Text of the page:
The account goes back even further for Abu-Assad: “When I was shooting Paradise Now,” he told viewers at the Royal, “I got paranoid and felt there was a traitor inside the production. Who was it? When you get paranoid, you believe things that aren’t true. In four hours, in a panic, I came up with the structure of Omar, and in four days, it was the script it is now.”
A woman in the audience observed, “I thought this film would be about the West Bank, about life for Palestinians. You’ve made the same movie as Paradise Now.”
The response was multi-layered: “You mean I’m the same director. This film’s writing is more mature. Each scene leads to the next emotionally. Each scene comes from within the conflict.”
“I wanted to write about this crisis of paranoia. What was the best way to make paranoia universal? Love — because if love’s involved, you feel insecure. Then I needed a brother, in the Resistance. And I needed a traitor, one also involved with Nadja, a beauty so innocent that anyone who looks at her finds an intriguing sadness in her eyes. Any sane person wouldn’t believe what is said about Nadija, but Omar is paranoid, so he accepts what his friend Amjad tells him as true. And the only way Omar can redeem himself is to kill the enemy and sacrifice himself to Nadja. She’ll have a husband and a family — in ignorance. I didn’t want to tell the audience what was in the letter from Omar to Nadja, what to imagine he wrote to her, but he didn’t want to tell her the truth because it would ruin her life, and Omar wants to give her a kind of peace.”
Another viewer asked, “Why didn’t Omar ask Nadja about the truth with Amjad?”
The director pointed out his writing strategy. “It was deliberate. In any drama, you need the sinner to discover his sin. He didn’t even question the question, even his rational thinking. He just believed it. He lost his mind.”
One of the first questions filling any viewer’s mind a minute into the action is, “What were the stakes in shooting this film?” The danger on the screen is palpable. Wasn’t there danger in making it?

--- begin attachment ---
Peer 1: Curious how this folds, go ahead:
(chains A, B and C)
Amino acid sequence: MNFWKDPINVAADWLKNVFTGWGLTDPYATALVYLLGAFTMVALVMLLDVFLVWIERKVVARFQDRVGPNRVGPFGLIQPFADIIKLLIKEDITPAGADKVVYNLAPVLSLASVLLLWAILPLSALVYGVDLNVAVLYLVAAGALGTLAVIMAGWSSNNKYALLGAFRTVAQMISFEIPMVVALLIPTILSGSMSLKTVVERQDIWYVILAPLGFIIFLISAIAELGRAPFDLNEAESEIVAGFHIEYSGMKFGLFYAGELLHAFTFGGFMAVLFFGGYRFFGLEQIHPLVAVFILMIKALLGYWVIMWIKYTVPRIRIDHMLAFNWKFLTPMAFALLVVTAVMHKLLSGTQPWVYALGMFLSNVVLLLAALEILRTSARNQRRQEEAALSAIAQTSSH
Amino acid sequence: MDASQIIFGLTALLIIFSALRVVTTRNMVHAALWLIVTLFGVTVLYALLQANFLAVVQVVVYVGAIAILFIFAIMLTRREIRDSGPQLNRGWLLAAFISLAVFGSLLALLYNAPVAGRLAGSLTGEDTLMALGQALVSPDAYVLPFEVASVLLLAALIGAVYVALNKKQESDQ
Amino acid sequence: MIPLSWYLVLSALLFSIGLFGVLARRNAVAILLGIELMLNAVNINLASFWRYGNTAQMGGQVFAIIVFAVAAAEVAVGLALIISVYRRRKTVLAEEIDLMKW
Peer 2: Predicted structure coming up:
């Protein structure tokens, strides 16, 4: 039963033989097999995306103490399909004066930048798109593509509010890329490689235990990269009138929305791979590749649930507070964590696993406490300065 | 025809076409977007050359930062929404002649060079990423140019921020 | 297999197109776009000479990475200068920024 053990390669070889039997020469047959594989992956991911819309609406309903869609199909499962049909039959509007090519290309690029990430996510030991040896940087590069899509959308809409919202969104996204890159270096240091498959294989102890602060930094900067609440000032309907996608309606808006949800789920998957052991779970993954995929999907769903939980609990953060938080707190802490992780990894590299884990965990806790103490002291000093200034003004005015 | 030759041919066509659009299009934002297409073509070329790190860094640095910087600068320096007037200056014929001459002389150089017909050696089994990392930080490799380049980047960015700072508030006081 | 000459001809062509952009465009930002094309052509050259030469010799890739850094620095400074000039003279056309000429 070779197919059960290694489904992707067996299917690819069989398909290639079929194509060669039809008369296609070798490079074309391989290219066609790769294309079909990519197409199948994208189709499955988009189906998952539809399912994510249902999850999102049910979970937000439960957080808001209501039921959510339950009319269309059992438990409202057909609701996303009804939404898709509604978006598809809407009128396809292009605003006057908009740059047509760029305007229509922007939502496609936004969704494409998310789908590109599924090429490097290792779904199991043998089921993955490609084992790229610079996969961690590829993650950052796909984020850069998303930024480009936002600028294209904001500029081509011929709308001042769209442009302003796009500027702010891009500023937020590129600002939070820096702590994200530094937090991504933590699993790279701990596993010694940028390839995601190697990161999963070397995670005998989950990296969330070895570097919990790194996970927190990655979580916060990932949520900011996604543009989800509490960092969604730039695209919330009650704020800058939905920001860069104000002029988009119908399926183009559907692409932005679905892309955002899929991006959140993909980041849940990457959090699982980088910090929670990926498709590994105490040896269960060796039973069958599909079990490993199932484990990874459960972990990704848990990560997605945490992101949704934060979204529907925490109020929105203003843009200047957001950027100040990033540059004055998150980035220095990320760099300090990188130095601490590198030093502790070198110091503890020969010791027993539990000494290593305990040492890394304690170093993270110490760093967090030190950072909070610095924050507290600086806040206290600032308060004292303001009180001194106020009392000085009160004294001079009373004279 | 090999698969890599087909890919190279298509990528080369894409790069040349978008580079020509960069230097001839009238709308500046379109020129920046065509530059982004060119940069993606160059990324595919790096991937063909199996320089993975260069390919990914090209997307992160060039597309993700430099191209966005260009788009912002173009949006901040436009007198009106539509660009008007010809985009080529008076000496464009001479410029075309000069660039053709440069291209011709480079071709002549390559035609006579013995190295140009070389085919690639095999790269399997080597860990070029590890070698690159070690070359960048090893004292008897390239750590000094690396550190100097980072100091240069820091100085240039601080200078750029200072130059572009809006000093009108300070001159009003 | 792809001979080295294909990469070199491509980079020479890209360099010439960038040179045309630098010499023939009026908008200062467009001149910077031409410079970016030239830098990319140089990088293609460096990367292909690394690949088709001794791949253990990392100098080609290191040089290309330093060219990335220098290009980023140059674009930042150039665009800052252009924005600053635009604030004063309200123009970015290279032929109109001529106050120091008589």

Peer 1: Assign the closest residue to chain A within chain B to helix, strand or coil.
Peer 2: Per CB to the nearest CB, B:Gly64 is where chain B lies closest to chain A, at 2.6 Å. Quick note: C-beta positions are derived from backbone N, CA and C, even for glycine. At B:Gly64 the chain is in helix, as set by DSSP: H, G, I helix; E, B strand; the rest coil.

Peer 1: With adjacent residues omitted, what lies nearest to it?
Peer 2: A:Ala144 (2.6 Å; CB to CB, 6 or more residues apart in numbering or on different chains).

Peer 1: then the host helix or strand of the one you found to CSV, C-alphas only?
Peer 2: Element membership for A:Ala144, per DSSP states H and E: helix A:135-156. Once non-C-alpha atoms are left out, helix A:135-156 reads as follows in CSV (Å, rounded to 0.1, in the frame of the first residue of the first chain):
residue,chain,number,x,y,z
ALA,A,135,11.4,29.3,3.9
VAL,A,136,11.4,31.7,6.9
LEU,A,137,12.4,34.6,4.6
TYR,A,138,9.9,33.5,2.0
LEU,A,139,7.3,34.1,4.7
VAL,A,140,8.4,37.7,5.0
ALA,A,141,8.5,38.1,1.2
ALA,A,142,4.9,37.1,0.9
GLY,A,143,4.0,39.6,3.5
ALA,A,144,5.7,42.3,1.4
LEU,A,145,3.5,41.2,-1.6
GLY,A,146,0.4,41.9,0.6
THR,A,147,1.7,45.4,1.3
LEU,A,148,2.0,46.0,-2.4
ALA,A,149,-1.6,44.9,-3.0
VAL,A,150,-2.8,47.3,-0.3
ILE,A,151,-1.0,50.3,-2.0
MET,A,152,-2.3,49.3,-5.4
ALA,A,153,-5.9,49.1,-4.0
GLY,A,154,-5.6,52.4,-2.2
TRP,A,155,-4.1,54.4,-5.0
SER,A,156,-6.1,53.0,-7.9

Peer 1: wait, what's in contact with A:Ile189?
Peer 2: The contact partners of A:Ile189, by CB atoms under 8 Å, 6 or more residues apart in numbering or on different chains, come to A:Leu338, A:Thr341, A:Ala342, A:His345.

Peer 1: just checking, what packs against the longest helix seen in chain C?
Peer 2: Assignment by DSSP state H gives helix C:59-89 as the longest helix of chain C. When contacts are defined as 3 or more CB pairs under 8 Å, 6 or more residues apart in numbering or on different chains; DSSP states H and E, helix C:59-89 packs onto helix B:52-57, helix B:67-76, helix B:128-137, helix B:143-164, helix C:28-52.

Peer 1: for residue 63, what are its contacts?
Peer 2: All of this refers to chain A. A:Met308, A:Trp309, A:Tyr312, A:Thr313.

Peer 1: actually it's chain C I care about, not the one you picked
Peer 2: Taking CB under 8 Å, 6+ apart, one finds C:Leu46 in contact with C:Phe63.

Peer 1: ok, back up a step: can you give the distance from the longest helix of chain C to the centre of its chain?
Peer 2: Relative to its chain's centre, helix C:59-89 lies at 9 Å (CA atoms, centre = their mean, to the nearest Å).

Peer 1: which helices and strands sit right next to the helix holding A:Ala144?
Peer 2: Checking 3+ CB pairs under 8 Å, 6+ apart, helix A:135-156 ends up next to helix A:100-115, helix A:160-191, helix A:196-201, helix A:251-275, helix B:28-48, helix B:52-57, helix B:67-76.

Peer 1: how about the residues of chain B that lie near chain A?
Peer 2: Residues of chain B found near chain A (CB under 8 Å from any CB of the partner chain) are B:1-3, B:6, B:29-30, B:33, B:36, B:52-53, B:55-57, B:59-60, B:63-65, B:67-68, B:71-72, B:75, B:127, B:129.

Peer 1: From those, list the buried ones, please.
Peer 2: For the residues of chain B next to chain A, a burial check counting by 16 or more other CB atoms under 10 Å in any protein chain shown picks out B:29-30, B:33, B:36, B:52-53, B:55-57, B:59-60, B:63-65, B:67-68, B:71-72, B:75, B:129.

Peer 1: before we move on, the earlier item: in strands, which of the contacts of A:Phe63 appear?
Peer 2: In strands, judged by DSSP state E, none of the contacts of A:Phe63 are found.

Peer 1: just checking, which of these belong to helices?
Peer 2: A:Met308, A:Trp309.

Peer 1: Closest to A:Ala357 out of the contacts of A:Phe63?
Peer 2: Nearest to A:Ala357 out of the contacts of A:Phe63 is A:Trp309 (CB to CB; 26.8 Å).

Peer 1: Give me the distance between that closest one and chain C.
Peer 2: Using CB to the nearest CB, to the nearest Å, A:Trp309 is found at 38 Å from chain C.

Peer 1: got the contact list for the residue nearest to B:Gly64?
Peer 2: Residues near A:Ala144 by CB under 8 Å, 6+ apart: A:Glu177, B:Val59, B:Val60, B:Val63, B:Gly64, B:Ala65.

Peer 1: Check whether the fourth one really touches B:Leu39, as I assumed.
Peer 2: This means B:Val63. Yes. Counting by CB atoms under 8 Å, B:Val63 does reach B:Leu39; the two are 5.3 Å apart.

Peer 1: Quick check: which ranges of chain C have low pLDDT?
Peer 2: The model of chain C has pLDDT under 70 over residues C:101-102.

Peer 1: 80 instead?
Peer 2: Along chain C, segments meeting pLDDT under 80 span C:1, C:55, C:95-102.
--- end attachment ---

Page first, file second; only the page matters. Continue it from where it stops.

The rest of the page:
The director surprises us. “No, that was Paradise Now. This one was all approved. The danger was just as a filmmaker: first, to get the audience engaged; and second, to give them space to think. The danger was in failing in either of these. Well, we were accepted into the Cannes Film Festival — not every film is.”
The director is no stranger to Cannes, where international coteries of critics and juries are likely to hold orientations to the Occupation that diverge from U.S. policy. For example, the “wall” in Omar is a fateful force. Israelis commonly refer to it as a “security fence,” Palestinians as the “apartheid wall,” the BBC as a “separation barrier,” and Hany Abu-Assad as “the Isolation Wall.” About ten percent of the barrier thus far, generally in urban settings, consists of an actual wall such as seen in the film, made of concrete slabs about 26 feet tall and 10 feet wide, constructed with automated sensing devices and observation posts at regular intervals, all controlled by armed Israeli soldiers who guard the gates and shoot at offenders. These walls prevent Palestinians from moving freely to and from their work sites not only in Israel but also within the West Bank, even for subsistence labor.
“The Isolation Wall creates cantons where Palestinians live,” says Abu-Assad. “The wall is not being built as a border between Israel and the West Bank, but is actually being built in a way that separates Palestinians from themselves; sometimes it even divides a Palestinian town into two parts. This is why jumping the wall is a daily occurrence and people do it for a myriad of reasons: work, family, survival — and love is not an exception. In many places it isn’t clear what is and what isn’t occupied… for instance, in Jerusalem, both sides are occupied.”